My career has been filled with extreme highs and extreme lows. It's been a roller coaster, but I've tried to keep a level head and know there is a plan for me. I've kept the mindset that, if I ride it out, good things will happen.

So, when I come to the ballpark, I try to keep my mouth shut and work as hard as I can when given the opportunity. That has paid off so far since joining the Angels organization last year.

I started in professional ball in 1997, but this was the first year I made a club out of Spring Training. I've also started my first game in the big leagues since 2003 this season. The fact that I was out of the game for a couple of years altogether makes this experience that much sweeter.

I broke in originally with Detroit, but that was a long time ago. I pitched in three games one year and in 11 games the next. Looking back on that early part of my career, I just wish that I knew then what I know now.

I was real young back then -- 21, 22 years old -- and I was on top of the world. I really thought I deserved everything that came to me. But that wasn't the case.

With the Tigers, we had a rough go of it for years. It was a hard time to be positive. You felt like you really couldn't show any emotion or what was going on with you because of all the other, larger problems going on around you.

It took me a long time to figure out what it means to be part of a Major League club. Those are all things I will never again take for granted.

During my time away from pro baseball, I spent some time coaching at the high school level. I also worked at baseball facilities and coached more kids. That's one of the things I enjoy the most. Even if I had nothing going on, I would always be coaching.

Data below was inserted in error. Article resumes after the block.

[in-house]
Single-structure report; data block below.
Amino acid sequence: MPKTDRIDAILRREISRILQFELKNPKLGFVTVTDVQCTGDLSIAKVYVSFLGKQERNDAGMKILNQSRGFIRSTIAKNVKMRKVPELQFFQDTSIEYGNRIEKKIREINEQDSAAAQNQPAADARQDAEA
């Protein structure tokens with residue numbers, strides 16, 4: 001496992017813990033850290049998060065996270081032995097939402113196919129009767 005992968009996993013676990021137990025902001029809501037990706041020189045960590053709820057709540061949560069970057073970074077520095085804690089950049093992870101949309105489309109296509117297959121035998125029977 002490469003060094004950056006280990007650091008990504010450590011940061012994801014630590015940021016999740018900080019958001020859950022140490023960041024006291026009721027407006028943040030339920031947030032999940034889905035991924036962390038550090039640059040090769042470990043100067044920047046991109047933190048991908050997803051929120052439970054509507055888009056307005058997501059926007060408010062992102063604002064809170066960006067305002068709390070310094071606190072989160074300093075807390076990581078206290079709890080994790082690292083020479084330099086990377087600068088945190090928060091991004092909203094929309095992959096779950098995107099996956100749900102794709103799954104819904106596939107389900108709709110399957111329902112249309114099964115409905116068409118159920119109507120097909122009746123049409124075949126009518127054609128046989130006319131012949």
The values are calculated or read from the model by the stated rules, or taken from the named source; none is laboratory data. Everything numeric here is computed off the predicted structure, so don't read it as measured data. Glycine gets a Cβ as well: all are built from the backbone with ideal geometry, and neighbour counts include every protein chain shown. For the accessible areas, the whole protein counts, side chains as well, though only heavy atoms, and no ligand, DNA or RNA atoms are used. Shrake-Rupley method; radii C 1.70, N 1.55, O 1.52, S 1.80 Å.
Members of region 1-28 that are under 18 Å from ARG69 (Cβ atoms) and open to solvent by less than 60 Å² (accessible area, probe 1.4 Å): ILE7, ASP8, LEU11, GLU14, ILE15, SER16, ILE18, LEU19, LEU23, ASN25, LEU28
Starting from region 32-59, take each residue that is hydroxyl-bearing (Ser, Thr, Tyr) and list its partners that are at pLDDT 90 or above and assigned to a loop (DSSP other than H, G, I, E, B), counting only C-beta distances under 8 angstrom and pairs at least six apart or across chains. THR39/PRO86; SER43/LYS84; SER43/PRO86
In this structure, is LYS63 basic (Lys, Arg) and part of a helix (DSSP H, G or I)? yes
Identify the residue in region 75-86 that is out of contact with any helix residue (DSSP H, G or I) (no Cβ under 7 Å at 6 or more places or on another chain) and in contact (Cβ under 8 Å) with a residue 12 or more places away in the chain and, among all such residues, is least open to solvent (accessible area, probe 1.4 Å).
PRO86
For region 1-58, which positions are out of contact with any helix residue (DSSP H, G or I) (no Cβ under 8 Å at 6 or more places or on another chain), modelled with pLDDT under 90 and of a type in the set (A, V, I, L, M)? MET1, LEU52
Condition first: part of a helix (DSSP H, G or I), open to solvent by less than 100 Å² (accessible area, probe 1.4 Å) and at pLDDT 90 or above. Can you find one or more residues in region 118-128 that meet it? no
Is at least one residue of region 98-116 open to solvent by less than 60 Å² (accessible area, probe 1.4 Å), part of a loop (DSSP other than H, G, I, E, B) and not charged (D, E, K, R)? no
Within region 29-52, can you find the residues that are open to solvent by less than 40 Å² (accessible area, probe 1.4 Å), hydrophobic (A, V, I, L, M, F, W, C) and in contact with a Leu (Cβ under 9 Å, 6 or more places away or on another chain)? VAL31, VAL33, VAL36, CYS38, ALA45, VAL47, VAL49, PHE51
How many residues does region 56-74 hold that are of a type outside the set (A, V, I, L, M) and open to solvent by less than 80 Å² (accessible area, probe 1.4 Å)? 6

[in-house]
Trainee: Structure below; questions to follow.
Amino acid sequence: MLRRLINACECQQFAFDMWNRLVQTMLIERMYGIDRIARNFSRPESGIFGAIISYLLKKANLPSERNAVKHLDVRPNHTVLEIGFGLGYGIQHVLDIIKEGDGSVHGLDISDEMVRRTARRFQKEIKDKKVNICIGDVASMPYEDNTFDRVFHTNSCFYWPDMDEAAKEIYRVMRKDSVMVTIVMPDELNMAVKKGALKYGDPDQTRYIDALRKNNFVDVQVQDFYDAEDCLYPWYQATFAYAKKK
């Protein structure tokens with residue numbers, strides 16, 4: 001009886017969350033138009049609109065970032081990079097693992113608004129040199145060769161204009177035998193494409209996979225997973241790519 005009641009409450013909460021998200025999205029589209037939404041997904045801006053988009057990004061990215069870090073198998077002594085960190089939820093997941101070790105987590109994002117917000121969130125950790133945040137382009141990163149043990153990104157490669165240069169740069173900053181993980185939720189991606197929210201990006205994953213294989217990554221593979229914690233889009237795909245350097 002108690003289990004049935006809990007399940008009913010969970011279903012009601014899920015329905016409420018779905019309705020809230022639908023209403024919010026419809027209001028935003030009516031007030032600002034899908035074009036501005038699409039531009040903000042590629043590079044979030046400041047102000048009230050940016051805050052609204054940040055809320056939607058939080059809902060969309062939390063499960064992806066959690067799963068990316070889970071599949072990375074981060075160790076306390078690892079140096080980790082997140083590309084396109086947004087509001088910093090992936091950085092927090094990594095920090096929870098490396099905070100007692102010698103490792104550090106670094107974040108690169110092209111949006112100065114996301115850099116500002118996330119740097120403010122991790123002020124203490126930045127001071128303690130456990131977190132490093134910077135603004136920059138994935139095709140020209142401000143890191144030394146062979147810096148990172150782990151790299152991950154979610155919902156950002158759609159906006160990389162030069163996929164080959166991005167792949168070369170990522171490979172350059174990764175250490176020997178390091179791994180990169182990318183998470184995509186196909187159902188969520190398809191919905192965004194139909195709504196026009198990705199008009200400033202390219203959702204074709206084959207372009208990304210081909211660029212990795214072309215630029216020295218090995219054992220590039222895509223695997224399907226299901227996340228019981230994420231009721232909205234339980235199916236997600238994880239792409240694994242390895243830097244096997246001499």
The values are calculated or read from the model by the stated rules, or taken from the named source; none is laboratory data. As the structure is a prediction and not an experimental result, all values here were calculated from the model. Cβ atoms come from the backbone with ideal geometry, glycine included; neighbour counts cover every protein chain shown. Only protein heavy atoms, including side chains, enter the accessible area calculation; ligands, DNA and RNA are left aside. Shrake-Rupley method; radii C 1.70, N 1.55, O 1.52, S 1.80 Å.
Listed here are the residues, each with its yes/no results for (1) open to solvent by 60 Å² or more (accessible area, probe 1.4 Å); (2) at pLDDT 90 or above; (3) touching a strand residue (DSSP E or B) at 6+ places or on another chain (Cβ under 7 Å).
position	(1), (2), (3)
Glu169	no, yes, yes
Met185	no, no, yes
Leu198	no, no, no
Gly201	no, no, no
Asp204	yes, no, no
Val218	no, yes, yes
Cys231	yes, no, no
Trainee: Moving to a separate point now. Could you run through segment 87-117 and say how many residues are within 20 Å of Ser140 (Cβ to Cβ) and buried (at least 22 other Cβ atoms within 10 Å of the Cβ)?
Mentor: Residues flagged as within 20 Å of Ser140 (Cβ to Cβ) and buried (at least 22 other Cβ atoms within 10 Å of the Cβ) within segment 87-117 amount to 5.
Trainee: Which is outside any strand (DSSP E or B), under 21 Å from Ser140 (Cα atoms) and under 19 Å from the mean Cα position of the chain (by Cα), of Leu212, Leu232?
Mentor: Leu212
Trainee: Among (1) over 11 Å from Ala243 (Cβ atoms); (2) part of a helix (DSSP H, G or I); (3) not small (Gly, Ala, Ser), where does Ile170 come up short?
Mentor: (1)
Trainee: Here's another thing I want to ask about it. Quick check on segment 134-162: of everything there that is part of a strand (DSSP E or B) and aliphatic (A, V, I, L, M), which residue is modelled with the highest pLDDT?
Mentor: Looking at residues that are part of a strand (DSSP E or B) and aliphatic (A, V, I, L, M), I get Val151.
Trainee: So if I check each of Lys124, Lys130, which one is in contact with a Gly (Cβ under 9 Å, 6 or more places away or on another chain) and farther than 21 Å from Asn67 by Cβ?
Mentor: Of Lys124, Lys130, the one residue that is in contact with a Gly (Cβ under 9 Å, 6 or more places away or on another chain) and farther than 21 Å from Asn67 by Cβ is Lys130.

At the same time, I was keeping myself in shape and working toward another opportunity. I didn't want to feel unprepared if the time came for another shot at the big leagues. Fortunately, when everything happened, I felt like I was in a position where everything would pay off.

All of these experiences helped me get where I am now. I'm very fortunate to have another shot and to be here. I don't plan on letting my inexperience become a problem again.

With the Angels, there's a winning atmosphere. You just see people acting different. It's kind of hard to explain. People walk into the clubhouse and they say "hi" to people. You hang out at lunch and have a fun time at practice.

You can't really do those things on a very bad team. People tend to worry about themselves on bad teams. Around here, nobody worries about himself.

I've never been around a group of guys who focus more on everyone else on the team than themselves. It's no wonder the Angels have a winning organization. Now that I'm here, I see how it works.

Coming into this clubhouse has shown me what it's like to be around a winning atmosphere on a daily basis.

There were five years between Shane Loux's second season in the Majors with the Tigers in 2003 and his return with the Angels in 2008. Injuries to John Lackey and Kelvim Escobar helped the 29-year-old right-hander make the club out of Spring Training, and he was 2-3 with a 5.40 ERA before going on the disabled list with shoulder tendonitis in mid-May. He's currently on a rehab assignment.